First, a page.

My brother came running into our house last weekend, raving about a comedian that he said I just had to watch: Samantha Bee. So, naturally, I binge watched all of her shows on her website in one sitting. She's hilarious and is able to use her comedy to talk about issues that are pressing and often the farthest thing from funny. After I'd watched about ten different laugh-inducing presidential election videos, I came across one that horrified me. The episode from March 21st of this year was about the nation's rape kit backlog. Rather, it was about when rape kits across the country go untested and sit in storage rooms collecting dust, instead of collecting evidence that detectives and police officers can use to solve crimes.
For those who are unaware, a rape kit is a kit containing a checklist, materials, instructions, envelopes, and containers to collect specimens taken during a sexual assault forensic exam. The process of being examined, photographed, and prodded for evidence can take several hours.
Individuals who are sexually assaulted are then asked not to shower, use the restroom, or change their clothes to preserve the evidence and wait to be examined for hours out of hope that they will get justice for what was wrongfully done to them. We're letting these kits sit on shelves. I don't mean for weeks or months either, I mean for years.
In Nevada alone there are at least 7,500 untested rape kits sitting in police vaults. Las Vegas is in the top four US cities with the most untested kits, with about 5,600. Some have been awaiting testing for over 30 years. While it may be a little too late, last December, Nevada lawmakers decided to designate $3.7 million to test these kits, hopefully having them all completed by 2020. Other states, however, are not heading down the same road.
Every state has a rape kit backlog to attend to, but some states are even throwing rape kits away, often before they're tested. It is currently legal in every state in the United States to throw away a rape kit before the statute of limitations expires.
In Fayetteville, North Carolina, 333 rape kits were destroyed between 1995-2008 to make space in their evidence room. All kits from after December 17, 2008 are accounted for, but they have still victimized 333 people all over again by prohibiting them from receiving justice for the heinous crime committed against them.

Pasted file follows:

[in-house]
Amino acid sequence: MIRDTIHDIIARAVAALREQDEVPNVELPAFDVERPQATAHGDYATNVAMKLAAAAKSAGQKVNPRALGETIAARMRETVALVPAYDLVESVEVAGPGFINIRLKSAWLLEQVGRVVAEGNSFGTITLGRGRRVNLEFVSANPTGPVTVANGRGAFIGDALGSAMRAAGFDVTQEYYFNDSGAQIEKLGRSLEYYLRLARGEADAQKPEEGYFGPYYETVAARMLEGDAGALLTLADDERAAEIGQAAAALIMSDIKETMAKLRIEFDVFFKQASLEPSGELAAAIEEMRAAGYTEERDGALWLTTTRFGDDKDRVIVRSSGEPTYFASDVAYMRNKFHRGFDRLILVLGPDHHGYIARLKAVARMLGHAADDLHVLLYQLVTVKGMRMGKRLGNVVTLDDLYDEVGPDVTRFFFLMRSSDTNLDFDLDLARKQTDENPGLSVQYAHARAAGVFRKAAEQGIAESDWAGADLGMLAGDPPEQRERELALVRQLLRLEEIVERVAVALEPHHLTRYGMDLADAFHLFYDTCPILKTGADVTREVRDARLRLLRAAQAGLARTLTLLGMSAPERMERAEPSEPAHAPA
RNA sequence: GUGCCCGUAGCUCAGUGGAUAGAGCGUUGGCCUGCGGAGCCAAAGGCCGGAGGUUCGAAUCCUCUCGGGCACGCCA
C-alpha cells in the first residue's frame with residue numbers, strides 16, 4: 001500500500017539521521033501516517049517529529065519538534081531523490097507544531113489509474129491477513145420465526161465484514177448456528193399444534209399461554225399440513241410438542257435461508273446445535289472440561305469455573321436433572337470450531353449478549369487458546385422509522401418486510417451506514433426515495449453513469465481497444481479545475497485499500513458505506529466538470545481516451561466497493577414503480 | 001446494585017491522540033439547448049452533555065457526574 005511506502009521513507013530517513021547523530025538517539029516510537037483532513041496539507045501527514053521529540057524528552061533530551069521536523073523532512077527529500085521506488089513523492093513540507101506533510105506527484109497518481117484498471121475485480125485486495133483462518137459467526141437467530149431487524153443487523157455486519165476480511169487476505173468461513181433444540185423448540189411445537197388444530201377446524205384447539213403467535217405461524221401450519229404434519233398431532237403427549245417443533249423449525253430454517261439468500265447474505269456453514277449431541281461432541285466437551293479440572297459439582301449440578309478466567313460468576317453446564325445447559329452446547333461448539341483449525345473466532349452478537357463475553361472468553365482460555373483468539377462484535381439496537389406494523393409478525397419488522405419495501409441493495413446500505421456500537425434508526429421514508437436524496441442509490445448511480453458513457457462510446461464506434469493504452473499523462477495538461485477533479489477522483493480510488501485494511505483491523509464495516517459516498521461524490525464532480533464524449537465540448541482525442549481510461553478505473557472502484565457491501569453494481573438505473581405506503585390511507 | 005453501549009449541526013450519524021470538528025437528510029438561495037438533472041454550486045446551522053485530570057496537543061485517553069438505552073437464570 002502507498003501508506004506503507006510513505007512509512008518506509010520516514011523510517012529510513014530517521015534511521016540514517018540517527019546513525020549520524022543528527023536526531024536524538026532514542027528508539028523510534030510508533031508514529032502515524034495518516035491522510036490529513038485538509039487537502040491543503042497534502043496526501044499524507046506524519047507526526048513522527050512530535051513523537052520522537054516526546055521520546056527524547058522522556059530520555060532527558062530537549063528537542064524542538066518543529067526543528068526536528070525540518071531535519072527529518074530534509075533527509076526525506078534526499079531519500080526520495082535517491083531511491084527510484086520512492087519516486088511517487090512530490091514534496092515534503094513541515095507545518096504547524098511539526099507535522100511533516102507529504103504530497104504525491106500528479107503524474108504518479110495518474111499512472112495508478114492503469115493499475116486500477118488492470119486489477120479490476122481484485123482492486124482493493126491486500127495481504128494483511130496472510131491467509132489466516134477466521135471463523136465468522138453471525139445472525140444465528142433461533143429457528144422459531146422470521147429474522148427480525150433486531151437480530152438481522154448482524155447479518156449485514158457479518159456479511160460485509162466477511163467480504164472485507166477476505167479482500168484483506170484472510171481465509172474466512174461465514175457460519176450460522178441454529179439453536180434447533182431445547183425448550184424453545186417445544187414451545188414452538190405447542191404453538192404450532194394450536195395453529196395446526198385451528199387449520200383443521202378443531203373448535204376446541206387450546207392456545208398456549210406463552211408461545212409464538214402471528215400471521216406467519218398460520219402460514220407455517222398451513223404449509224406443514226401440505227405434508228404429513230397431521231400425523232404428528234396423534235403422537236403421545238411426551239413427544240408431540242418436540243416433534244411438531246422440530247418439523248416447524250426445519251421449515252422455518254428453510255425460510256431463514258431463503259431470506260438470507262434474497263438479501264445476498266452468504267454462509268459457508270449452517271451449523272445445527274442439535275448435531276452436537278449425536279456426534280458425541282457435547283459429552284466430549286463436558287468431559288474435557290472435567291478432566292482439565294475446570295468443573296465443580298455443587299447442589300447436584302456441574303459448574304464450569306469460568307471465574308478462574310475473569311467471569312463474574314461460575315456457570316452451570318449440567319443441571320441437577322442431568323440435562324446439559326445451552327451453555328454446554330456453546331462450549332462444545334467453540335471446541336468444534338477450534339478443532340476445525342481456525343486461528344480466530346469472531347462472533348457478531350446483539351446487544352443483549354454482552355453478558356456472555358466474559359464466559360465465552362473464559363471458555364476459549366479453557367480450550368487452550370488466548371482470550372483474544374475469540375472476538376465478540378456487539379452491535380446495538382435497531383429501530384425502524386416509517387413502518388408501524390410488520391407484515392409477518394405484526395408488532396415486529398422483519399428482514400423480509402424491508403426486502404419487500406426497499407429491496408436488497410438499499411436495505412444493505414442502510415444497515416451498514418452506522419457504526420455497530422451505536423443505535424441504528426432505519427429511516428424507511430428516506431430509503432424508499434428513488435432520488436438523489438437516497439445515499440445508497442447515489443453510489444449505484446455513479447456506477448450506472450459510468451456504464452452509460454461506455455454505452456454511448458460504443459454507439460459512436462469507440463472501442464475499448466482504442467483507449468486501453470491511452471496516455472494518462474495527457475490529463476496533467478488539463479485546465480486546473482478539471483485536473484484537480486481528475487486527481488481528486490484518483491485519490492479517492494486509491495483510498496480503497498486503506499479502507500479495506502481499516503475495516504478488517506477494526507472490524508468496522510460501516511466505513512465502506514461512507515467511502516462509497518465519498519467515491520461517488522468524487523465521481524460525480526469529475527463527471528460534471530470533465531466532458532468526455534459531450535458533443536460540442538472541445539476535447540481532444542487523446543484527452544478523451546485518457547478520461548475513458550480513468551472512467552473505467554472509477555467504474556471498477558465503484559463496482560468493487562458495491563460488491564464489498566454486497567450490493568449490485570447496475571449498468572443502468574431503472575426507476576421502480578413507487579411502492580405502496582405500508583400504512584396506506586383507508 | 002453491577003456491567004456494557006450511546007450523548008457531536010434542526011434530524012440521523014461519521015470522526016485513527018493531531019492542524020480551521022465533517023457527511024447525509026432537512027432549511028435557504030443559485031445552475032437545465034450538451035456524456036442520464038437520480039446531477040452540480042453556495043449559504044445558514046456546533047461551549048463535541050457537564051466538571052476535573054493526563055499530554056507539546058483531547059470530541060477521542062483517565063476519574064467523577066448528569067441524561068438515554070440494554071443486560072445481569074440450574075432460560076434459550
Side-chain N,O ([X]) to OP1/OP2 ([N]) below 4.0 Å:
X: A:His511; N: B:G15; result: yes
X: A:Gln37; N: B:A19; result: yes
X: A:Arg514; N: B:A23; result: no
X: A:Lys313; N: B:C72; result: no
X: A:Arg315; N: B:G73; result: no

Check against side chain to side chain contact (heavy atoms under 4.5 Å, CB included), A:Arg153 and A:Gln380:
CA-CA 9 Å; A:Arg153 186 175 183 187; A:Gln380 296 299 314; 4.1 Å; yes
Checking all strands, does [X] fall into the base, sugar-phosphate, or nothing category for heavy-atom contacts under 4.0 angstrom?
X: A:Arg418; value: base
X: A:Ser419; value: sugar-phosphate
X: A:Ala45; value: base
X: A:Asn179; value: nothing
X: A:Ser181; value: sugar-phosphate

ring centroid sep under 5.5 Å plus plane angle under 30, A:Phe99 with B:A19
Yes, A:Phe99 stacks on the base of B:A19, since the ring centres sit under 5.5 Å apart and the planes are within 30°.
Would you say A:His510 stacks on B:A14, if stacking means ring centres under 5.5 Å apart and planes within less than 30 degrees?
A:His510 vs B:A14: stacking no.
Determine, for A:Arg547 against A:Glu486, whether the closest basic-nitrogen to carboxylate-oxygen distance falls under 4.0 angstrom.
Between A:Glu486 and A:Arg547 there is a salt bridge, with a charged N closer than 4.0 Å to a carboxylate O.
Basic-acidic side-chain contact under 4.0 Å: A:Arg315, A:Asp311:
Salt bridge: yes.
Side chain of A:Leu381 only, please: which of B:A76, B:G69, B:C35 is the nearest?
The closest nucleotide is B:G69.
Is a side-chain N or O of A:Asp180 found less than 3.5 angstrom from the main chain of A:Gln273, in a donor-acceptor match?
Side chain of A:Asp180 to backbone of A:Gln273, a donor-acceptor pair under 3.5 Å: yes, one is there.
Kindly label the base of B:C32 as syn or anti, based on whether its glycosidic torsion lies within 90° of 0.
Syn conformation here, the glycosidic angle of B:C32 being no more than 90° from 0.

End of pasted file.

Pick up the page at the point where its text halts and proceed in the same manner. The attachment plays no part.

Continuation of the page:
From 2004-2012 in Salt Lake City, Utah, 163 rape kits were destroyed. This is a city whose rape statistics have been higher than the national average for 25 years. Of those, only 39 kits had been tested. We may think what a relief it is that some had been at least tested before being disposed of. Unfortunately, that isn't the way that it works. All 163 people, whether their kit was tested or not first, no longer have evidence to use if they decide to prosecute at a further date, which makes it even less likely that they will receive justice.
Recently, we've seen the way that the judicial system handles rape cases with DNA evidence from a rape kit. Rapist Brock Turner was charged with three felony counts of sexual assault and was only sentenced to six months in jail. While it was astounding how outraged most of America was at this lenient and despicable sentence, would they have been as horrified if she didn't have a rape kit and there were no witnesses? I hope so. I hope with all of my heart, but that's not what we have been trained to believe.
Growing up, I watched TV like a lot of children. Of the many shows that I did watch, "Degrassi" and "Veronica Mars" were at the top of the list.
In season two of "Degrassi," one of the main characters, a 14-year-old girl named Paige, is raped by a 17-year-old soccer player from another school. She takes the case to court and is asked belittling questions about how many men she had slept with before him. Afterwards, he is found not guilty and released to go on living his life.
In the first episode of "Veronica Mars," the audience learns that Veronica was drugged and raped at a party a few months prior. Her classmates vandalized her car with derogatory words only applicable to women and the sheriff laughed at her, made fun of her for crying, and told her to get a backbone. Her rapist was never convicted.
Now, you may think that these are just television shows. They're not real. Paige and Veronica might not be real people, but thousands of real people share their stories. The Atlantic called "Veronica Mars" "TV's Realest Depiction of Rape" in a 2013 article.
Most young children don't watch the news. TV shows and movies are where they absorb information. I absorbed the knowledge that if I ever was raped, I probably wouldn't get justice for the crime that was committed against me. That's horrible, but what's worse is that it's not too far from the truth.
Every two minutes, an American is sexually assaulted.
Out of every 1,000 rapes, 994 perpetrators will walk free.
We are told over and over how common sexual assault and rape is. We are told how unlikely it will be that we receive justice if it were to happen to us. If it does happen to us, it's likely that we won't tell anyone because of this. Then, the ones who do go to the police and get rape kits in hopes of getting justice are essentially victimized all over again when they find out that their rape kit hasn't been tested or has been destroyed, if they are notified at all.
For more information on the rape kit backlog in your state and the steps that your officials are taking to end it, click here.
For more information on how you can help end the backlog, click here.
For the petition to remove Judge Aaron Perksy from the bench for Rapist Brock Turner's sentence, click here.